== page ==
http://en.wikipedia.org/wiki/Shaiva_Siddhanta

    http://www.himalayanacademy.com/ssc/

    Skandha Purana which deals exclusively with Skandha or Murugan is in Sanskrit. Kalidasa wrote Kumara Sambhava which deals with the birth of Murugan in Sanskrit. The worship of Skandha has declined in the north. But that does not make him an exclusive Tamil god. Even deities like Mariamman are mentioned in the puranas.

    There are Vaishnava agamas and Saktha agamas. Whether the agamas and tantras are part of the Vedic culture or distinct from it has been academically discussed for a long time with no conclusive opinion. I could quote from Thrumandiram about the Vedas. There are scholars like Dayananda Saraswati (founder of Arya Samaj) who argued that the present day Hinduism is entirely non-Vedic.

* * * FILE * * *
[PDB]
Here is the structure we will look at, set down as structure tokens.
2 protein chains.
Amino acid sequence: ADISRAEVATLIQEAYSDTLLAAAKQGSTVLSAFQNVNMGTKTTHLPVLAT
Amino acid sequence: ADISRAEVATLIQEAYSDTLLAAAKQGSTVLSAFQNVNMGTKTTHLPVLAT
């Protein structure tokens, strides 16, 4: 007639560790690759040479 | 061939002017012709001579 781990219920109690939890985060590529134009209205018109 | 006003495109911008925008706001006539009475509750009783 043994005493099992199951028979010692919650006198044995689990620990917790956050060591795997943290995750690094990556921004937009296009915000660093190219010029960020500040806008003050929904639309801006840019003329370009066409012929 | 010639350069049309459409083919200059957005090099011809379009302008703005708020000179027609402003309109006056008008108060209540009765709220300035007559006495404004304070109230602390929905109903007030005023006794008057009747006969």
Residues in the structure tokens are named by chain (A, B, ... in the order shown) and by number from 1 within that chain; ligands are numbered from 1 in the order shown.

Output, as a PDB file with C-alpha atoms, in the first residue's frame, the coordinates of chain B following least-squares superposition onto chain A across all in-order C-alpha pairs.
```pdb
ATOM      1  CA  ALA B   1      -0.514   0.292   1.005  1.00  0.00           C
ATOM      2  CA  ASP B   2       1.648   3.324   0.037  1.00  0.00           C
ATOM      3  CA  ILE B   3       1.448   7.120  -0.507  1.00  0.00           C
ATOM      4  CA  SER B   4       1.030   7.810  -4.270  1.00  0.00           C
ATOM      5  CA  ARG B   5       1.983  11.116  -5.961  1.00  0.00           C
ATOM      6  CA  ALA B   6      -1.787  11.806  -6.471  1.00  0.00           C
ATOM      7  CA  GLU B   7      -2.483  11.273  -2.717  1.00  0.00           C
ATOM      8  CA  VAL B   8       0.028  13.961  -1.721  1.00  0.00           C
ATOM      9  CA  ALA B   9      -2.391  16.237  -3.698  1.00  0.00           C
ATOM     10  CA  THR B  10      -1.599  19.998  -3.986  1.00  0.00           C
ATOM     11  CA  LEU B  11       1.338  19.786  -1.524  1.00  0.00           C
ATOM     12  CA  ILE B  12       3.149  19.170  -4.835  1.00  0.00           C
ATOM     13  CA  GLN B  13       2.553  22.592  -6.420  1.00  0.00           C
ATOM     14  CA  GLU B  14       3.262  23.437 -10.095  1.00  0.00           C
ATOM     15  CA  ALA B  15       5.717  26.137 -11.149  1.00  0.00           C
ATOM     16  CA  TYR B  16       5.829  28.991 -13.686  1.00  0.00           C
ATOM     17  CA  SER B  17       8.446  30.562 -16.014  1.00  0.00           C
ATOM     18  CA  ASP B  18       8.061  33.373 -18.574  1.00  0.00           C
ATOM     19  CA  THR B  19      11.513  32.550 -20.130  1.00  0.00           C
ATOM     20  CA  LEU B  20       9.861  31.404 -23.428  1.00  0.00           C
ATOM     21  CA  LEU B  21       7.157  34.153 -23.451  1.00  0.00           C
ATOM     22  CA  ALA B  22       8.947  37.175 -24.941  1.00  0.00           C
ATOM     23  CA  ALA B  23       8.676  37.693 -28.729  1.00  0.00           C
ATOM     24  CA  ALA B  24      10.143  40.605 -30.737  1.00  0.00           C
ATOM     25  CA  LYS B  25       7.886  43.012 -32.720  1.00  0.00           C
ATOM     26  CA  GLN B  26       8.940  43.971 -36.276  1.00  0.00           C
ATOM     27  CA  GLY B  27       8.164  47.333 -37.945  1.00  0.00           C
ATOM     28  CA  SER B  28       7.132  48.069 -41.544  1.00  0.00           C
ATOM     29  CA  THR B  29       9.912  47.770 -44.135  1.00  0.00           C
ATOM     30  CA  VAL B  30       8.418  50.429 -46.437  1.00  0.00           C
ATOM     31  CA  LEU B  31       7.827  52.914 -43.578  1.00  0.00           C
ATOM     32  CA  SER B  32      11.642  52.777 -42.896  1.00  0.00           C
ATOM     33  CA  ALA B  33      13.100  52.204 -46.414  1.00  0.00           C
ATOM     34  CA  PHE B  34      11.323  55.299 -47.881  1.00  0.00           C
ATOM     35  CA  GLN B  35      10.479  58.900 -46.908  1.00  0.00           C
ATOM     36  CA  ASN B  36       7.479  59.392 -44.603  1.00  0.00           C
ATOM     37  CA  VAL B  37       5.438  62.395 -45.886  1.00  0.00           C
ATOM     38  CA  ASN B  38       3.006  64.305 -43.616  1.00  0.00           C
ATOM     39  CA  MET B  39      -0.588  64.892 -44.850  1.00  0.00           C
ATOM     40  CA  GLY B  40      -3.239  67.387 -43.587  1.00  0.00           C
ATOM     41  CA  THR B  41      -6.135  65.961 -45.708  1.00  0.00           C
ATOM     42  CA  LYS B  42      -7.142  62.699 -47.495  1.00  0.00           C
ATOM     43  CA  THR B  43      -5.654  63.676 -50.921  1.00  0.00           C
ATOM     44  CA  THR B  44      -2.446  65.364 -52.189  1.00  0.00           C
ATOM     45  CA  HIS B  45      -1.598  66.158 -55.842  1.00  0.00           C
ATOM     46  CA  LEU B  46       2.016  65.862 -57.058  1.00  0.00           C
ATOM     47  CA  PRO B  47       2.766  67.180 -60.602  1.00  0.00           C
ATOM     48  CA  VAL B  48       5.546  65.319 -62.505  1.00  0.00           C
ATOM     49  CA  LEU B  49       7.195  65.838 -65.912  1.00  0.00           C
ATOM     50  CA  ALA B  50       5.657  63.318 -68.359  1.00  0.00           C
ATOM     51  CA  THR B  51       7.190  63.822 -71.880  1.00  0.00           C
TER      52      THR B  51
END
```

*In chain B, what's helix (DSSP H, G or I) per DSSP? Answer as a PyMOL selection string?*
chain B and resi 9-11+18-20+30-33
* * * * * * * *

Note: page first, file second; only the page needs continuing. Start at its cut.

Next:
This is not surprising since many of the puranas were written in the south. These early literature were in Sanskrit because it was considered the literary language. There was a similar development in the west where books were written in Latin and not English. There was tremendous opposition to the translation of the Bible to English and the first man who started it was murdered. There was a lot of opposition initially to service in Tamil in churches.

    The Adheenam had absolute control over the major temples. They could have changed the language of Archanai to Tamil if they wanted. The priests were only lowly paid employees. But the Adheenams did not do it for a long time for their own reasons.

    2. Brahmins and caste: This has been discussed in detail in tamilnation.org. There was and is a caste system in Srilanka where there are very few Brahmins. In fact temple entry for all castes came to Srilanka much later. It is the Saiva Vellalas who were responsible for the caste system in Srilanka.